At a Sturgill Simpson show at Nashville’s Ryman Auditorium a few years back, some drunk dudes got into a fight down in front of the stage. As they were escorted out, Simpson said something along the lines of, “One of these days, these bearded, redneck motherf#@%ers are going to realize I’m not one of them.” Jason Isbell and Will Hoge have dealt with similar types of machismo-based assumptions on social media when fans finally clue into a song’s meaning and get, shall we say, perturbed by the politics therein. Clearly, those folks haven’t been listening very closely or deeply at all.
The same likely goes for some in the Hayes Carll crowd. Having come up playing bars in Texas and Tennessee, Carll knows how to hook ’em with a holler. He also knows how to slip ’em a musical Mickey, as it were, in order to deliver some truths that might well be hard to swallow. He’s done so numerous times in the past, but never more so than on his new album, What It Is. And, with the effort, Carll continues to prove that he’s one of the most gifted wordsmiths in the game.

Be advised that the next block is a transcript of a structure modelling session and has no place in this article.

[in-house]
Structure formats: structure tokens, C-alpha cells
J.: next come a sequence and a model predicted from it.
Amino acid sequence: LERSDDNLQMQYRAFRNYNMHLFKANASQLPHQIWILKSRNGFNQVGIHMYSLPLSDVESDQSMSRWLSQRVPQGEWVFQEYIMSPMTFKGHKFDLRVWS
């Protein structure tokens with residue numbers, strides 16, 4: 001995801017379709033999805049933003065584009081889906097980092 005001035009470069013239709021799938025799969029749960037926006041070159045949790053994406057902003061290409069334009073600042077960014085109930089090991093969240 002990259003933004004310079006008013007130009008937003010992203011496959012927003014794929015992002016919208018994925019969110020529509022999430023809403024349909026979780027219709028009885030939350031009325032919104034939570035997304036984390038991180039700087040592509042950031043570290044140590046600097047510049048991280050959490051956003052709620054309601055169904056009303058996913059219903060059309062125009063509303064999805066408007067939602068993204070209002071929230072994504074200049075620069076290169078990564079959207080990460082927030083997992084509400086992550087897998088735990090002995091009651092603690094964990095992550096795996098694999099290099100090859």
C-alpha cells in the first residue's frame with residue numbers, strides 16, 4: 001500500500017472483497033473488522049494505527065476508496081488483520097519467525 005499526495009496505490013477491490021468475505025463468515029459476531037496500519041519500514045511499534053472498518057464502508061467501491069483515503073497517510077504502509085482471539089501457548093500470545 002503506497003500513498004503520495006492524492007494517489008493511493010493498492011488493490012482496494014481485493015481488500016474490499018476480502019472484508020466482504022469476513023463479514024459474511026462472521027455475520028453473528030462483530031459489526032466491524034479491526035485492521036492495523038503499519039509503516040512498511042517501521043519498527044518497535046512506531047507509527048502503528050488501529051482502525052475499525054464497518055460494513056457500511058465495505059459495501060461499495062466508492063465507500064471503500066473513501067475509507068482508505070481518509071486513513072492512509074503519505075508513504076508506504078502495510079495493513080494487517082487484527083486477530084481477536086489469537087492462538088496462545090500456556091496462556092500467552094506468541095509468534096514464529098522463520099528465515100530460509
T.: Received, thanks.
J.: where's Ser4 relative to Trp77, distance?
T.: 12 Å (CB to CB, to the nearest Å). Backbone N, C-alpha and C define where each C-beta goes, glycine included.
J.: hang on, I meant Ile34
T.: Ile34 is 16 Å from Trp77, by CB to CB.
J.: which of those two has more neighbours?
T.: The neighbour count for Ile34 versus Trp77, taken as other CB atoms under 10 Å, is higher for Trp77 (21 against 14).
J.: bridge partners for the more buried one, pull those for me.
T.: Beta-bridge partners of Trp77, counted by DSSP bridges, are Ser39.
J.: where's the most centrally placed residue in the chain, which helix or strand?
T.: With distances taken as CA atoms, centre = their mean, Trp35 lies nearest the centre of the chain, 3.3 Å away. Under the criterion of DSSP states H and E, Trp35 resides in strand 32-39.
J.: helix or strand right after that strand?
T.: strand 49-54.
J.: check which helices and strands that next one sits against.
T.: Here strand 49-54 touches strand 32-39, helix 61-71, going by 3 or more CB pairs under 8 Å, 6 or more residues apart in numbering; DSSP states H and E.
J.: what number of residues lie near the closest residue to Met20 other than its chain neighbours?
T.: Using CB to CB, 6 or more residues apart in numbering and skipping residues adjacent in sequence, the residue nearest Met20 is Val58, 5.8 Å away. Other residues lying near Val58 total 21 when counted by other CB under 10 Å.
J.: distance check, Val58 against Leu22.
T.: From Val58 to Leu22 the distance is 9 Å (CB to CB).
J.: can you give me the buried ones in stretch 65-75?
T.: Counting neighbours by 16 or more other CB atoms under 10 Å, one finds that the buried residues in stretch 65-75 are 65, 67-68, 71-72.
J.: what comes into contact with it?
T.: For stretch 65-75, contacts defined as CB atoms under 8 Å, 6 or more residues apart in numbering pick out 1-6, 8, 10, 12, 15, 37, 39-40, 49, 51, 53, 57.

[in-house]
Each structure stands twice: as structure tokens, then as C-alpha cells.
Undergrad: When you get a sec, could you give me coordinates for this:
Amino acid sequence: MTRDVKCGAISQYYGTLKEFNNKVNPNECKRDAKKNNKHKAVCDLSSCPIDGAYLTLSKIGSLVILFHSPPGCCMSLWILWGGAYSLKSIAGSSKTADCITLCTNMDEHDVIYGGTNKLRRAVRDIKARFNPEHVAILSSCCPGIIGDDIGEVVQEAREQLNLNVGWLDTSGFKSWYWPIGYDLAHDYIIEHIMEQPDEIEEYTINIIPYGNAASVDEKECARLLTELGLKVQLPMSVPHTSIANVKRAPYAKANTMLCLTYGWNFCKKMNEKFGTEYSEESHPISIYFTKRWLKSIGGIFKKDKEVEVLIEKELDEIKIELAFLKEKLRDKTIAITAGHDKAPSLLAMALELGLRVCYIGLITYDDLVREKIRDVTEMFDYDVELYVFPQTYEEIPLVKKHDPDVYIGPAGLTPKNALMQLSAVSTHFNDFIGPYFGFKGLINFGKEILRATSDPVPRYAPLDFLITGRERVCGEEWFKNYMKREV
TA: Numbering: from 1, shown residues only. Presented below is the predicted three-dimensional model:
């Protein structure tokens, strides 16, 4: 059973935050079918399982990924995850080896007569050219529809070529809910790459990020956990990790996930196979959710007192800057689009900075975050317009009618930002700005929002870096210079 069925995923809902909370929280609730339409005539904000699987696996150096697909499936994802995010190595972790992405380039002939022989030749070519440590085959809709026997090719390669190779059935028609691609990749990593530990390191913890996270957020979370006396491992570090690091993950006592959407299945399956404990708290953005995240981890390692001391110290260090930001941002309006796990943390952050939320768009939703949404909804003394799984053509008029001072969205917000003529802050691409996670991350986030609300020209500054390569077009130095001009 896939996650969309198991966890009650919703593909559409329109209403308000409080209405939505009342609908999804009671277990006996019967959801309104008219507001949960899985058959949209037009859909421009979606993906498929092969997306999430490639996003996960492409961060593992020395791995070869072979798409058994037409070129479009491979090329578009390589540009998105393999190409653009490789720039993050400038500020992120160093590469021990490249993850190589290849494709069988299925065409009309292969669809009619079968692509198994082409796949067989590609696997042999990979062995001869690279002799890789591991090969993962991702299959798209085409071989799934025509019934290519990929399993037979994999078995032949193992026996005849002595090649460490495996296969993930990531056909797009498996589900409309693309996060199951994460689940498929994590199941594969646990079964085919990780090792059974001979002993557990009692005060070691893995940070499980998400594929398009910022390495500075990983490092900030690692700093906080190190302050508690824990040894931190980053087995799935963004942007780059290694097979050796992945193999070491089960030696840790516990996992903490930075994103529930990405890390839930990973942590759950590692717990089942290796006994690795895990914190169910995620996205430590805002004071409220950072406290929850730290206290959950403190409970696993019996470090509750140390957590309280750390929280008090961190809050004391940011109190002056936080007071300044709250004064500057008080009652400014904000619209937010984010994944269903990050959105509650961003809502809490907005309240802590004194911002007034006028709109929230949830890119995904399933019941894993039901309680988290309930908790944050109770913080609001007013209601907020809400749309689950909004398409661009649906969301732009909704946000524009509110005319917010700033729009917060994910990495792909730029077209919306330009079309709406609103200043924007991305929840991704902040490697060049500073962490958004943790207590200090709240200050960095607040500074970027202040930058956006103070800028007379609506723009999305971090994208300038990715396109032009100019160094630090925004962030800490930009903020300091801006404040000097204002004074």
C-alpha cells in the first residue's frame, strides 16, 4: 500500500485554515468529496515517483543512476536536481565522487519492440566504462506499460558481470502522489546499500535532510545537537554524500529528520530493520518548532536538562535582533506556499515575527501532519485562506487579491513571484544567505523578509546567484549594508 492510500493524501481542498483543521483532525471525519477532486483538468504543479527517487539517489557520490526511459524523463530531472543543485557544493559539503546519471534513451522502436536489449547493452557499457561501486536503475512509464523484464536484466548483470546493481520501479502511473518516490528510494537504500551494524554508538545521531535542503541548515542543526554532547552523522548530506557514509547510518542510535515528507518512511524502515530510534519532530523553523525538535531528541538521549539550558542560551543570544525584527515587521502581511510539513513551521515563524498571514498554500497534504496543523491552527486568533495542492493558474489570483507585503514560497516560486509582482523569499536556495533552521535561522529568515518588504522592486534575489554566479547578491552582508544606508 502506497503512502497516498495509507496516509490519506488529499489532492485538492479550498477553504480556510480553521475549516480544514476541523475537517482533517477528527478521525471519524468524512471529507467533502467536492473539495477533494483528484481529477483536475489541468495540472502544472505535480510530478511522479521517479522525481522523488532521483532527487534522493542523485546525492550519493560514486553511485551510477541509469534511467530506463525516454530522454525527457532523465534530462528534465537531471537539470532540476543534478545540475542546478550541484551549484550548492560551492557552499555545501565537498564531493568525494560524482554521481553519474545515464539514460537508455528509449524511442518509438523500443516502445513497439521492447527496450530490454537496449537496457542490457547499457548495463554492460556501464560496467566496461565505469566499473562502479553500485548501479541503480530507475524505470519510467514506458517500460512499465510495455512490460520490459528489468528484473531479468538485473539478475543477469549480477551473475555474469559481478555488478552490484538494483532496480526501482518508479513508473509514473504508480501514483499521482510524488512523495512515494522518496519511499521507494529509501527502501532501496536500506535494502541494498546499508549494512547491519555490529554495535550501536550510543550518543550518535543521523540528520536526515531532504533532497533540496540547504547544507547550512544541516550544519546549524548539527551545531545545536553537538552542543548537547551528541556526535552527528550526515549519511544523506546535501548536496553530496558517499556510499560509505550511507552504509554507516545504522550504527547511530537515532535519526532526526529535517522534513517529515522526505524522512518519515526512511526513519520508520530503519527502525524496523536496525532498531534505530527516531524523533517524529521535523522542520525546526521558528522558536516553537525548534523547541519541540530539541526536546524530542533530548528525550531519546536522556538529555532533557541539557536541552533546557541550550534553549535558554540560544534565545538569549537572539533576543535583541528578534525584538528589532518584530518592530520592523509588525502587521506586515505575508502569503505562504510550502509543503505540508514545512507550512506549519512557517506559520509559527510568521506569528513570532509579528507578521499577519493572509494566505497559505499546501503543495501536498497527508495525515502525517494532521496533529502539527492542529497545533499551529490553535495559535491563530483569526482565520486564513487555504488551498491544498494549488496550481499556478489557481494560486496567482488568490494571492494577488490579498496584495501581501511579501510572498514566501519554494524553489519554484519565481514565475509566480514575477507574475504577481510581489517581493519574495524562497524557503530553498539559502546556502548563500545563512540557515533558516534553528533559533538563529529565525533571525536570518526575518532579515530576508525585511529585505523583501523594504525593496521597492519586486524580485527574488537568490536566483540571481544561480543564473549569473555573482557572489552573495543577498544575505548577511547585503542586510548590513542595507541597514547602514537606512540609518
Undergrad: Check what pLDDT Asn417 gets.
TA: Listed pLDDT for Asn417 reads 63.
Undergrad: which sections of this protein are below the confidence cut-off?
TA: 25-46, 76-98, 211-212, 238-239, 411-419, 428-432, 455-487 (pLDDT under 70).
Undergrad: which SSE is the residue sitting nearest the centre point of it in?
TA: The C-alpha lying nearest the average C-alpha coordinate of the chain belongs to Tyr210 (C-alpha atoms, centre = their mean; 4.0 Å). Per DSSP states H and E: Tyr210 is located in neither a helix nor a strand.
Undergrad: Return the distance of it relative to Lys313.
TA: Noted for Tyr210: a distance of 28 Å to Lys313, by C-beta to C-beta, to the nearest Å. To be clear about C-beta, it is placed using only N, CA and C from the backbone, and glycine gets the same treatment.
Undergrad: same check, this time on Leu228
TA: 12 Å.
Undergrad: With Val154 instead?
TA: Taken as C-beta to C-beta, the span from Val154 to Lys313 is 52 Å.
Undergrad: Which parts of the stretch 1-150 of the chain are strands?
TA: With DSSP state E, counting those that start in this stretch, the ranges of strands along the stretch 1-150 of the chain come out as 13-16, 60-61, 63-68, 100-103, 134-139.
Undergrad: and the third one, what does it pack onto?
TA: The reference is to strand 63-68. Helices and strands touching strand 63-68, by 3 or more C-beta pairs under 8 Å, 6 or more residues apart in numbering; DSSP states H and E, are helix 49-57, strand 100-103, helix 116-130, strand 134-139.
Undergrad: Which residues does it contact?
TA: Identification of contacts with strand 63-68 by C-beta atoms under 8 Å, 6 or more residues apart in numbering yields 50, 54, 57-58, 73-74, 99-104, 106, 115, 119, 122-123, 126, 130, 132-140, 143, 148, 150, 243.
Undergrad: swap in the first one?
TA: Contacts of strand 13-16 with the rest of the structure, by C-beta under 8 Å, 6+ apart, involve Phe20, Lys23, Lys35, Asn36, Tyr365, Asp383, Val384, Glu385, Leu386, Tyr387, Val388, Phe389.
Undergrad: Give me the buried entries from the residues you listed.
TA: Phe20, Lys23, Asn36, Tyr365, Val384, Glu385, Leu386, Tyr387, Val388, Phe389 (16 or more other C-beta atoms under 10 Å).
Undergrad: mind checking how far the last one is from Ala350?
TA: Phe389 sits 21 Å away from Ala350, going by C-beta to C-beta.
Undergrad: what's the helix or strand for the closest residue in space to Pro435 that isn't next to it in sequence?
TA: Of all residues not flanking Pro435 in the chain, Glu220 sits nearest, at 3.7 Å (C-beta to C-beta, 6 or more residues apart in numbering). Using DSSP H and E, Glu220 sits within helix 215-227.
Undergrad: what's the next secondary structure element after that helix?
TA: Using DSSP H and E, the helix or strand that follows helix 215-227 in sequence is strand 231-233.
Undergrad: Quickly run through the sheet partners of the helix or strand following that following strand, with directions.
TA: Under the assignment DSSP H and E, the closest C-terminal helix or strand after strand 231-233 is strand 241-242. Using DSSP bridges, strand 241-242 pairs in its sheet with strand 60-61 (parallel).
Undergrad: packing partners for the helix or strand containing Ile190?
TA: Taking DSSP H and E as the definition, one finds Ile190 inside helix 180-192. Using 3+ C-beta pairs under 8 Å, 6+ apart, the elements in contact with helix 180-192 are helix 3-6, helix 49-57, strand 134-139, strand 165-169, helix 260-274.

Some of the cuts eschew any efforts at politeness or humor, and simply call it like he sees it. “Times Like These” chugs along that track, detailing that, yeah, it’s some hard times out there right now, even if, as with the narrator, “I just wanna do my labor, love my girl, and help my neighbor.” The chipper bop and tap of “American Dream” takes a similar tack, but with slightly more hopefulness.
Further in, “Fragile Men” takes male privilege on, with what might seem like a sympathetic tone, but only if you don’t understand irony. The same goes for “Wild Pointy Finger,” in which he tackles people’s astounding ability to blame everyone but themselves for the problems of the world: “It points at Parisians across the sea. It points at anybody who thinks different than me,” he sings. “If you’re marching to your own drum or kneeling in the news, my wild pointy finger’s probably pointed right at you.”
Carll turns the lens and pen on his own life, as well, sometimes with humor (“None’ya”), sometimes not (“I Will Stay”). To be sure, his gifts serve him well in all settings, as they always have. Catalog classics like “Beaumont” and “Chances Are” show that his serious side is no less a force to be reckoned with. But the songs in which he tosses barbs at himself and others are what set him apart, as they always have. They are also, presumably, the songs he loves lobbing over the heads of the “bearded, redneck motherf#@%ers” who think he’s one of them.
Stream the album: